The scope and vision of BEVCOMM began changing dramatically the day in late 2006 when the Federal Communications Commission approved the much-anticipated sale of Mankato-based Midwest Wireless to Alltel for $1.075 billion. It happened with Bill Eckles at the helm of BEVCOMM.
“Midwest Wireless had 69 member-owners, with many having as little as one percent of the company on up to New Ulm Telecom, which had around 10 percent,” said Eckles. “As for us, let’s just say we had less than what New Ulm had. Midwest Wireless had looked at all the strategic options and thought this was the best way to release shareholder value. We voted for the sale.”
Around this time, BEVCOMM in five of its ten cities served had potential landline competitive pressures from cable giants Charter Communications, Mediacom, and Comcast. BEVCOMM needed to create fresh revenue streams in order to position the company for another profitable 20 years. In terms of population and potential business growth, Faribault County wasn’t growing at all and New Prague was BEVCOMM’s only city experiencing rapid growth.
Eckles and BEVCOMM sold its profitable, 1,000-line, Shell Rock (Iowa) exchange, which wasn’t easy, as it appeared considering Eckles’ great-grandfather literally began BEVCOMM there in 1895. The company purchased Cannon Valley Telephone, which provided telephone service to Morristown and the eastern half of Faribault County, and cable television to parts of Dakota County. This meant BEVCOMM, with its later acquisitions of the Delavan and Easton telephone companies, would have sole ownership of every telephone exchange in Faribault County except Kiester.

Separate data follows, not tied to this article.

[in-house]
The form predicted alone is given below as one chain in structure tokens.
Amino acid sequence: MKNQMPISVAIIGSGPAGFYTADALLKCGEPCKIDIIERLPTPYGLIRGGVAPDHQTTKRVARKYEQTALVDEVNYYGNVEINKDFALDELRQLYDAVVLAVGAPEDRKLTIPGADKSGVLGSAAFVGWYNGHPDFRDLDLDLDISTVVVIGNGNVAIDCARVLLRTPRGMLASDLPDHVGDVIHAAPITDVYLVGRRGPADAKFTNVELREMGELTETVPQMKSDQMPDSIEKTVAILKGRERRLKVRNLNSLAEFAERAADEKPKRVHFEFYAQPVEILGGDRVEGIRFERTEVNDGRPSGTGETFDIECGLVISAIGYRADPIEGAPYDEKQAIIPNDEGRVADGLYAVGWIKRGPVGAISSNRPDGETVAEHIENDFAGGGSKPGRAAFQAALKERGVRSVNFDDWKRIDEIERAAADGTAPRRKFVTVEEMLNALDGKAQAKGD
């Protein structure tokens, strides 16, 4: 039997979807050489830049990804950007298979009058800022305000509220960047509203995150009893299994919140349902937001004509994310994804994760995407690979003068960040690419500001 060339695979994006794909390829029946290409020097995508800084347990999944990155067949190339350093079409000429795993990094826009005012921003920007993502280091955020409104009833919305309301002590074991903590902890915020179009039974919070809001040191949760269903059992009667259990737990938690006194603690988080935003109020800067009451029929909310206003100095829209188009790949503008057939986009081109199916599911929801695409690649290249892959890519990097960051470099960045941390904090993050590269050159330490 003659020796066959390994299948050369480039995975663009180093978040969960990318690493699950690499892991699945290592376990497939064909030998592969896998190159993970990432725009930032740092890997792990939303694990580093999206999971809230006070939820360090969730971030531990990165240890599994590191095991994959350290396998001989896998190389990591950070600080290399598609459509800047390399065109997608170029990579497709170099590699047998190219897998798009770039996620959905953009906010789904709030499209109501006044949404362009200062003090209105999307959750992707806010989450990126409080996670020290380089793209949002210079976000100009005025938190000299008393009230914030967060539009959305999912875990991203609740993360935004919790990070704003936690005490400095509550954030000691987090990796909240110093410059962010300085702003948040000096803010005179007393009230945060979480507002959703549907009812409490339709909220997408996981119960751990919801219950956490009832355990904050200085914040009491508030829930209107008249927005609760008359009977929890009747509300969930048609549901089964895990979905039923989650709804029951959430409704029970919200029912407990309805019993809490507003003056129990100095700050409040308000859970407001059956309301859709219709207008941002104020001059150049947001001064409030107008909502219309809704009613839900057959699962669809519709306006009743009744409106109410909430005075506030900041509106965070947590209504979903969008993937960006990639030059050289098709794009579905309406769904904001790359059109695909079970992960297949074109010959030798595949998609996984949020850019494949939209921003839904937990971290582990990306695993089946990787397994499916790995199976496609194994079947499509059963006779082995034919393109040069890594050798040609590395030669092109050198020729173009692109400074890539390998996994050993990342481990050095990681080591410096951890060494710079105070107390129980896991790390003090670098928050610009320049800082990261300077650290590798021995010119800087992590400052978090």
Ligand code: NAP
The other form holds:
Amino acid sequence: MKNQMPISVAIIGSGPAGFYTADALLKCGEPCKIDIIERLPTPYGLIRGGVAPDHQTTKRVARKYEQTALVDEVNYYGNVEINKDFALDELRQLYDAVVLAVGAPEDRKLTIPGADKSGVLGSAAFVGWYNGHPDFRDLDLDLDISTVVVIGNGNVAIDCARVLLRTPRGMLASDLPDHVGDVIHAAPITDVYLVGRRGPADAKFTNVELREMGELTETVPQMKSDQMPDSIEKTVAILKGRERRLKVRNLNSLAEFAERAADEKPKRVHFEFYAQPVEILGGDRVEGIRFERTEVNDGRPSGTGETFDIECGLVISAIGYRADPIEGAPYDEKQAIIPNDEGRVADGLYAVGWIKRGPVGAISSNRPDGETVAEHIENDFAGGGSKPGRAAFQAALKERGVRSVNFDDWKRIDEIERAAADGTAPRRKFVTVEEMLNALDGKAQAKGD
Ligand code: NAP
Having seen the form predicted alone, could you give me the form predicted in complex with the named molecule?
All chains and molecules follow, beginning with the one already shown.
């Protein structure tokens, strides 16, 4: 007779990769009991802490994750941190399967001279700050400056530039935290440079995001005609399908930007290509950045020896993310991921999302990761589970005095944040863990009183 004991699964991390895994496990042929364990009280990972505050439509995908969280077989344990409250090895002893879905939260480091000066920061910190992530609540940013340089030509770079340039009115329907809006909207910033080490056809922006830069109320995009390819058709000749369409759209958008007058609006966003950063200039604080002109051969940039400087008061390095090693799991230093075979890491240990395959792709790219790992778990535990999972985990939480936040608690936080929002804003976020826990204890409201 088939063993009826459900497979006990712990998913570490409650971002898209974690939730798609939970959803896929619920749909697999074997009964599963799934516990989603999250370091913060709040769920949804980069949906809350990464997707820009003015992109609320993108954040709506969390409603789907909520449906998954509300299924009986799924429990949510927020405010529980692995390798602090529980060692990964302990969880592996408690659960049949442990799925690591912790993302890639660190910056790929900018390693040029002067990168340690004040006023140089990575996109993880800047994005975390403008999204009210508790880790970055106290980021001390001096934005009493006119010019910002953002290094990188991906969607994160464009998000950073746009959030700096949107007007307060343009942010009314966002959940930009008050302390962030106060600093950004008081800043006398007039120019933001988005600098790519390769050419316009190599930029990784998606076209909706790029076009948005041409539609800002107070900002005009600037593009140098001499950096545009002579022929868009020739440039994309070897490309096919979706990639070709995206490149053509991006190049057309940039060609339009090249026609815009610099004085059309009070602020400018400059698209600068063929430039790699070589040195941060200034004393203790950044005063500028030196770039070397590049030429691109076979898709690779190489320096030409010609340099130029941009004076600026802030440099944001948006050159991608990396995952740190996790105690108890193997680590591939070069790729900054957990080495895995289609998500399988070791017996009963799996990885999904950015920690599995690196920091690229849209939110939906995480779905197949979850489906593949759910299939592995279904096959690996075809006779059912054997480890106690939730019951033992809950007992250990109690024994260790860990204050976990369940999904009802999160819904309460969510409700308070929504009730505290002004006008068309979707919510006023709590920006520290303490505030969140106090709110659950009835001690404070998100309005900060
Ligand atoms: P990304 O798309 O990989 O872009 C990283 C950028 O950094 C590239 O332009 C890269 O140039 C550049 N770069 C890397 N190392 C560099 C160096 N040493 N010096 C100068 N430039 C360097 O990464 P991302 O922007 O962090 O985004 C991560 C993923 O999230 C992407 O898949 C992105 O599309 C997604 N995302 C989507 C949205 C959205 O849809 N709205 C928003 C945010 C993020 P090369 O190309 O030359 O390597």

But the opportunity of a lifetime arrived when BEVCOMM partnered with New Ulm Telecom and ACS to buy out publicly held Hector Communications for $127 million. “We were buying one-third of a company twice our size,” said Eckles. “But if you want to stay in business and go forward, you have to grow, and there isn’t much growth in the markets we serve. If you can’t keep growing in this industry, you start going backwards, and eventually you are forced to sell. During this time, we also had other opportunities to move into cable television, which we did, either by upgrading our own telephone lines for cable or as in the case of Blue Earth and Elmore by buying out Charter Communications and upgrading service.”
The deal took Hector Communications private and split company responsibilities. ACS began managing Hector companies in northern Minnesota, New Ulm Telecom a company near Sleepy Eye, and BEVCOMM companies near Rochester and in Wisconsin. At its purchase in 2006, Hector Communications had nearly 30,000 landlines, and 8,000 cable television and 12,000 Internet customers. BEVCOMM still owns 33.33 percent.
Pilot Eckles has flown high with BEVCOMM the last decade, and so have many organizations where he has served as co-pilot. For example, he was a co-founder of Faribault County Development Corporation, a private entity serving the breadth of Faribault County.
He explained, “In Faribault County, Blue Earth had an economic development authority (EDA) funded with a staff person and Wells had its EDA funded with a staff person. Faribault County had an EDA funded with a staff person. We had three full-time people serving a county of 15,000. To me that seemed a little ridiculous. Why not have one organization and have everybody pool resources? We went private to engage the private sector and have them contribute too. BEVCOMM serves practically every business in the county, so I don’t care if a business locates in Wells, Winnebago, Blue Earth or wherever.”